One of Apple’s go-to chip-makers, Taiwan Semiconductor Manufacturing Co. (TSMC), has started mass production on the next generation of iPhone chips, according to a new report from Bloomberg.
Citing sources within the chipmaker, Bloomberg‘s Mark Gurman and Debby Wu say Apple is likely to call the new chipset the A12 when it announces it later this year. What’s more, TSMC is reportedly using a 7-nanometre (nm) process to manufacture the new chip. Apple’s current top-of-the-line A11 processor is made using a 10nm process. Even without factoring in improvements to the overall design of the new chip, it’s likely to be more powerful and power efficient just based on the switch to 7nm.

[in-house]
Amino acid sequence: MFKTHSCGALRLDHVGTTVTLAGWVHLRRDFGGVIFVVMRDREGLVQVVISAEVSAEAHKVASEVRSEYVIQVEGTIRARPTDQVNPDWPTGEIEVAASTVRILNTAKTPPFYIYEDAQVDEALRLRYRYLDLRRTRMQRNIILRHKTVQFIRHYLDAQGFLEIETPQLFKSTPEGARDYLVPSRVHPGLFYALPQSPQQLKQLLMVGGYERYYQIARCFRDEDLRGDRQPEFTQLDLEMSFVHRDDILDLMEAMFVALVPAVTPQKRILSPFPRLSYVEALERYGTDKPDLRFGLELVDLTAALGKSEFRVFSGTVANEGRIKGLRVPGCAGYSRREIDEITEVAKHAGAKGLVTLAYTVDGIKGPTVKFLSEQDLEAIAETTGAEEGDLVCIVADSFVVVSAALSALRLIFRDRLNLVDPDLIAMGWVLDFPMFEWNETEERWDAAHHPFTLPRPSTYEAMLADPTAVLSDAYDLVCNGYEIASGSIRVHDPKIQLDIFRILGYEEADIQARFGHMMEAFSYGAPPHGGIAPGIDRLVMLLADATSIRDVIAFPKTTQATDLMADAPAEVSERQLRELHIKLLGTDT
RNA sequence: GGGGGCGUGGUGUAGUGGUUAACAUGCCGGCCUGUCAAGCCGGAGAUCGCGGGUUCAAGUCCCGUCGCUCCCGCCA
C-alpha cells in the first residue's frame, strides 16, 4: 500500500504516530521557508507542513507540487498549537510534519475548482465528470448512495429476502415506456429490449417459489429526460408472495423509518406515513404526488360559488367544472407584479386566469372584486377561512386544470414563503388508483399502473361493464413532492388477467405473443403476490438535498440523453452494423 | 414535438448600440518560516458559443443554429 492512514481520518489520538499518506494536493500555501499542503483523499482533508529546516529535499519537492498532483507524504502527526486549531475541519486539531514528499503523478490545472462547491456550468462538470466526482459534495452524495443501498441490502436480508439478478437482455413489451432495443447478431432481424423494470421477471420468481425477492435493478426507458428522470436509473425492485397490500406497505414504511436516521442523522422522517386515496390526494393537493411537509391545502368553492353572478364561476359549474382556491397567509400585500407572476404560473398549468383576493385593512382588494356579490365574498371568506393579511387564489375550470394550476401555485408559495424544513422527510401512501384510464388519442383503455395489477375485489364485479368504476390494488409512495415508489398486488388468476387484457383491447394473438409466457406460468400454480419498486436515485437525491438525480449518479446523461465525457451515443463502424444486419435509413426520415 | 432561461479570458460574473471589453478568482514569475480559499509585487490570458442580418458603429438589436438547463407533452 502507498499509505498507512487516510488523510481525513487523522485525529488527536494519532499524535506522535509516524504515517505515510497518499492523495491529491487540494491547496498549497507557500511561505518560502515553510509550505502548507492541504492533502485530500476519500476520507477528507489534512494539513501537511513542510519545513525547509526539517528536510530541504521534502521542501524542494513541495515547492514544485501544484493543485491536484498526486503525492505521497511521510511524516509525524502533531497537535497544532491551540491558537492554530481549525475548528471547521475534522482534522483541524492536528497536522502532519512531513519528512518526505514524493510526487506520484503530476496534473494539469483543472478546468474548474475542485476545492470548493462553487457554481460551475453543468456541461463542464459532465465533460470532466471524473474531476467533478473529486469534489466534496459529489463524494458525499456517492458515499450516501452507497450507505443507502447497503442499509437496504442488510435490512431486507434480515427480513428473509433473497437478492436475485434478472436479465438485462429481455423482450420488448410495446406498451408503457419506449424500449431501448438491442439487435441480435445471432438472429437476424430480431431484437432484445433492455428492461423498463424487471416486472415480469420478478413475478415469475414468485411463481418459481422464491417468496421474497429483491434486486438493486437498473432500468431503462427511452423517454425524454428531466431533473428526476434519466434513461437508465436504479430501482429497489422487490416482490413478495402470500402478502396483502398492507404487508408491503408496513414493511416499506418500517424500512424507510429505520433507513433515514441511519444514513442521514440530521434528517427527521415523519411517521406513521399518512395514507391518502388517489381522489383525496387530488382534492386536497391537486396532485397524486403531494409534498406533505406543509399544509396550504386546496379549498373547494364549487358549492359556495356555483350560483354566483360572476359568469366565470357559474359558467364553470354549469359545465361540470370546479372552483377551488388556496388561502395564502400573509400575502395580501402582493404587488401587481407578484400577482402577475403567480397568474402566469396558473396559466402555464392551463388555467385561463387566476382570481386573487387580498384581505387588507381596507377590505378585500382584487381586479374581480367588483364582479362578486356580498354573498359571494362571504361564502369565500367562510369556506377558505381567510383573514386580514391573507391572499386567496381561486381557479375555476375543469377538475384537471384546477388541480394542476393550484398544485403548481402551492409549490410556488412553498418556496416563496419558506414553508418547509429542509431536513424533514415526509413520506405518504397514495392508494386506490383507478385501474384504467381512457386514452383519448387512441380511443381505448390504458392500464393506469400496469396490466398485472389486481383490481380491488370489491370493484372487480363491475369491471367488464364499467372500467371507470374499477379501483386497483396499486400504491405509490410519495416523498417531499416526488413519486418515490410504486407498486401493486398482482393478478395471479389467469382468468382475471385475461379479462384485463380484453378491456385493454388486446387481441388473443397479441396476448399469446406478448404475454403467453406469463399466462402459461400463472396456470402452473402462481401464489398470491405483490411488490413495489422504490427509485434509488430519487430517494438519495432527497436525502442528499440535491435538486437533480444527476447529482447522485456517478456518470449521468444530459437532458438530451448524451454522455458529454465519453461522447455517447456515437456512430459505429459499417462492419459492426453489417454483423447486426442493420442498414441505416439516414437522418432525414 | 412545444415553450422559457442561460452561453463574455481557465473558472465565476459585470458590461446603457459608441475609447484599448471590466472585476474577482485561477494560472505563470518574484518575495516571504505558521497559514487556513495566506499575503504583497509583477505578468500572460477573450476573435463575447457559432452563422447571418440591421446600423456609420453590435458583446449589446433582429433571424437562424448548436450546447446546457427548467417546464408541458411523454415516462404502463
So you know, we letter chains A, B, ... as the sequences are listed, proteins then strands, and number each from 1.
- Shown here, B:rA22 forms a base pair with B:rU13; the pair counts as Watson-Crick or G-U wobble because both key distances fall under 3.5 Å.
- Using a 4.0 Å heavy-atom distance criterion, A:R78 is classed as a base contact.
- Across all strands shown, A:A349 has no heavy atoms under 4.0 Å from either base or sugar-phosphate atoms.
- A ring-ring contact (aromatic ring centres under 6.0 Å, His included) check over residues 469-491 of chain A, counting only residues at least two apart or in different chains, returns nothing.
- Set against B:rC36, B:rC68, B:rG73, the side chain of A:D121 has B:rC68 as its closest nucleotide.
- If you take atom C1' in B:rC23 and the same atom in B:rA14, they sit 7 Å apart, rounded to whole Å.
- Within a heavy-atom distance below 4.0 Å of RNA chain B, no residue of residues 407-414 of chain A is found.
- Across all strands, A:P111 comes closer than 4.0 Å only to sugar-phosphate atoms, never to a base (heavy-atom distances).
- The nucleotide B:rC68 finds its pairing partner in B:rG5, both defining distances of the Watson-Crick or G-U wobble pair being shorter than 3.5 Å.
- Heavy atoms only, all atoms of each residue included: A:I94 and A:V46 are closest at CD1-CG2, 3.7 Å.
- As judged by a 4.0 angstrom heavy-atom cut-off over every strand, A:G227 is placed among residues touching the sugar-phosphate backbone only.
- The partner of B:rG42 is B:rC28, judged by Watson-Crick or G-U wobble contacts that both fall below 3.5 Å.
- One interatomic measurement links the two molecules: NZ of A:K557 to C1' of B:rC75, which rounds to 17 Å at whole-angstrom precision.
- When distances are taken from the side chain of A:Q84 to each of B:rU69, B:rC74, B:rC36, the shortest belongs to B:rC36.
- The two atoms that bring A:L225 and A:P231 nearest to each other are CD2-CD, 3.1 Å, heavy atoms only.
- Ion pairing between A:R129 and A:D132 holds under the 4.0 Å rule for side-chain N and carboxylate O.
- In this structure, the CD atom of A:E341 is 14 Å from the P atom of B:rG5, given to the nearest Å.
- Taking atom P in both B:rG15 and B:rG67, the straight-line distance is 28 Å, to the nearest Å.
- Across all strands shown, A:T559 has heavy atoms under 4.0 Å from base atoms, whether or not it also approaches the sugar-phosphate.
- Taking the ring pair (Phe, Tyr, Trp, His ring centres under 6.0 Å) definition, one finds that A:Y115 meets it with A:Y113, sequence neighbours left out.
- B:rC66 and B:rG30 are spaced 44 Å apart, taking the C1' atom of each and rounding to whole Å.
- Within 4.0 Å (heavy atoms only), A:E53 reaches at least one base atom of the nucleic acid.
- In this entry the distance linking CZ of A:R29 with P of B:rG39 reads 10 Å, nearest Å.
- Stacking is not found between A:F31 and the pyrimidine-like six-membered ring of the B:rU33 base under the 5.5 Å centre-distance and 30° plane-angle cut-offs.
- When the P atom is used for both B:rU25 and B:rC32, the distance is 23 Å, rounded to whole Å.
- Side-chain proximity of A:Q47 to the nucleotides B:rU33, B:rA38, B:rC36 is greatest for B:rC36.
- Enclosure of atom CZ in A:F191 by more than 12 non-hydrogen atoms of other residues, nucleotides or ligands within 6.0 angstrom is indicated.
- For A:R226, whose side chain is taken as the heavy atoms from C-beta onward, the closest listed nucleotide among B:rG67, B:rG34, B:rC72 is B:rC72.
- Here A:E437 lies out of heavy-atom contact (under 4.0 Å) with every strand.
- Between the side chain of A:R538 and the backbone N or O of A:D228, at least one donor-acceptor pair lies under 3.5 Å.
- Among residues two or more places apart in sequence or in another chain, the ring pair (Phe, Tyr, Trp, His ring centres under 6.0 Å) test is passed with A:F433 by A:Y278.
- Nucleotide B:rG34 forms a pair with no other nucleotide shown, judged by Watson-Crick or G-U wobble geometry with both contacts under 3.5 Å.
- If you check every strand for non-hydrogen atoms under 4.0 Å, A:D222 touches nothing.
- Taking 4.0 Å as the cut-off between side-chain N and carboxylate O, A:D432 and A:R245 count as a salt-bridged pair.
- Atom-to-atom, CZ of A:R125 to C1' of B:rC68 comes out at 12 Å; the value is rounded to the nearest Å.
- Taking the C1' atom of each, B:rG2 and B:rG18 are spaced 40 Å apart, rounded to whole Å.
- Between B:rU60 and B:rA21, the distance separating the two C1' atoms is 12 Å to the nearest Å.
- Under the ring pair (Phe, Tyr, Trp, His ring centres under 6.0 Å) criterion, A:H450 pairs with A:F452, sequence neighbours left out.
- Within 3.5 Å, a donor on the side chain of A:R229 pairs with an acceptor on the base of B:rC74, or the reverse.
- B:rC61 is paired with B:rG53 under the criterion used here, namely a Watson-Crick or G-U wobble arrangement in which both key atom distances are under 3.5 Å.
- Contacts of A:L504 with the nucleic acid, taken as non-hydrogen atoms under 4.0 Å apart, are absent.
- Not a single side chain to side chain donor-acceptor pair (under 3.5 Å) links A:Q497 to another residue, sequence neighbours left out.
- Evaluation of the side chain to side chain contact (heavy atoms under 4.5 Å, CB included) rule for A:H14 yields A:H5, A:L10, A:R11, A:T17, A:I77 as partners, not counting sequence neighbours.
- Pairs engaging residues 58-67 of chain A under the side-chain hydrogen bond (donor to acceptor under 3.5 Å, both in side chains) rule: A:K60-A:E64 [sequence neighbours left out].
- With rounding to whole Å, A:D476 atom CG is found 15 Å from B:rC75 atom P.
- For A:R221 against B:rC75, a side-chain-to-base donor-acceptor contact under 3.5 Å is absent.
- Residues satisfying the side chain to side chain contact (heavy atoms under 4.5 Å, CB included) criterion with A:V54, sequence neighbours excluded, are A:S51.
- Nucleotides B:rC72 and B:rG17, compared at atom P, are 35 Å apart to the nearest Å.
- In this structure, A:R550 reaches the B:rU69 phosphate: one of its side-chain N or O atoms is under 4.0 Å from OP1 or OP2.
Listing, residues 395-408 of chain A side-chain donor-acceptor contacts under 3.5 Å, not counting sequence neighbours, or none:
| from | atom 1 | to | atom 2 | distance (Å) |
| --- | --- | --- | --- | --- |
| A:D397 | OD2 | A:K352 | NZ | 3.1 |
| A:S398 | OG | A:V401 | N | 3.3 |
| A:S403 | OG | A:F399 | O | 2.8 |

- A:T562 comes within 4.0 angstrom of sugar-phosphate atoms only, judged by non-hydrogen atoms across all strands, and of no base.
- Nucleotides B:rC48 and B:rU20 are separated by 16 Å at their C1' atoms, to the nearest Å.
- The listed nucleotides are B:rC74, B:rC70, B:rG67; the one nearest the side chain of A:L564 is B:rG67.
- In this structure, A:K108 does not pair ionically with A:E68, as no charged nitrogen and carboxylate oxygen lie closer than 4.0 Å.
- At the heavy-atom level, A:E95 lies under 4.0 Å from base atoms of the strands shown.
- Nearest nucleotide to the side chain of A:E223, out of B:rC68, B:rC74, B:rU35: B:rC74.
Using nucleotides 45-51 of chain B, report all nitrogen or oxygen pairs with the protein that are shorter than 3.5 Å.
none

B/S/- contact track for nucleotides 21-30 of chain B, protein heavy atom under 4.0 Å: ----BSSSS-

Unless Samsung preempts Apple when it launches the Note 9 later this year, the new iPhone is likely to be the first smartphone to come with a 7nm chip. Bloomberg doesn’t explicitly whether TSMC is using extreme ultraviolet (EUV) lithography to produce the new chips, but if the chipmaker is, then the A12 will be a milestone in that regard, as well.
EUV lithography represents the latest advancement in chip-making. Unlike traditional chip lithography, the ultraviolet light used in EUV lithography can’t travel through air and can’t be focused using traditional optics and mirrors.
To date, chipmakers like Samsung have had issue manufacturing EUV-made chips at scale. At the end of last year, Samsung said it was on track to ship its first 7nm chip at the start of 2018. Its flagship Exynos 9810 chipset is still made using a 10nm process.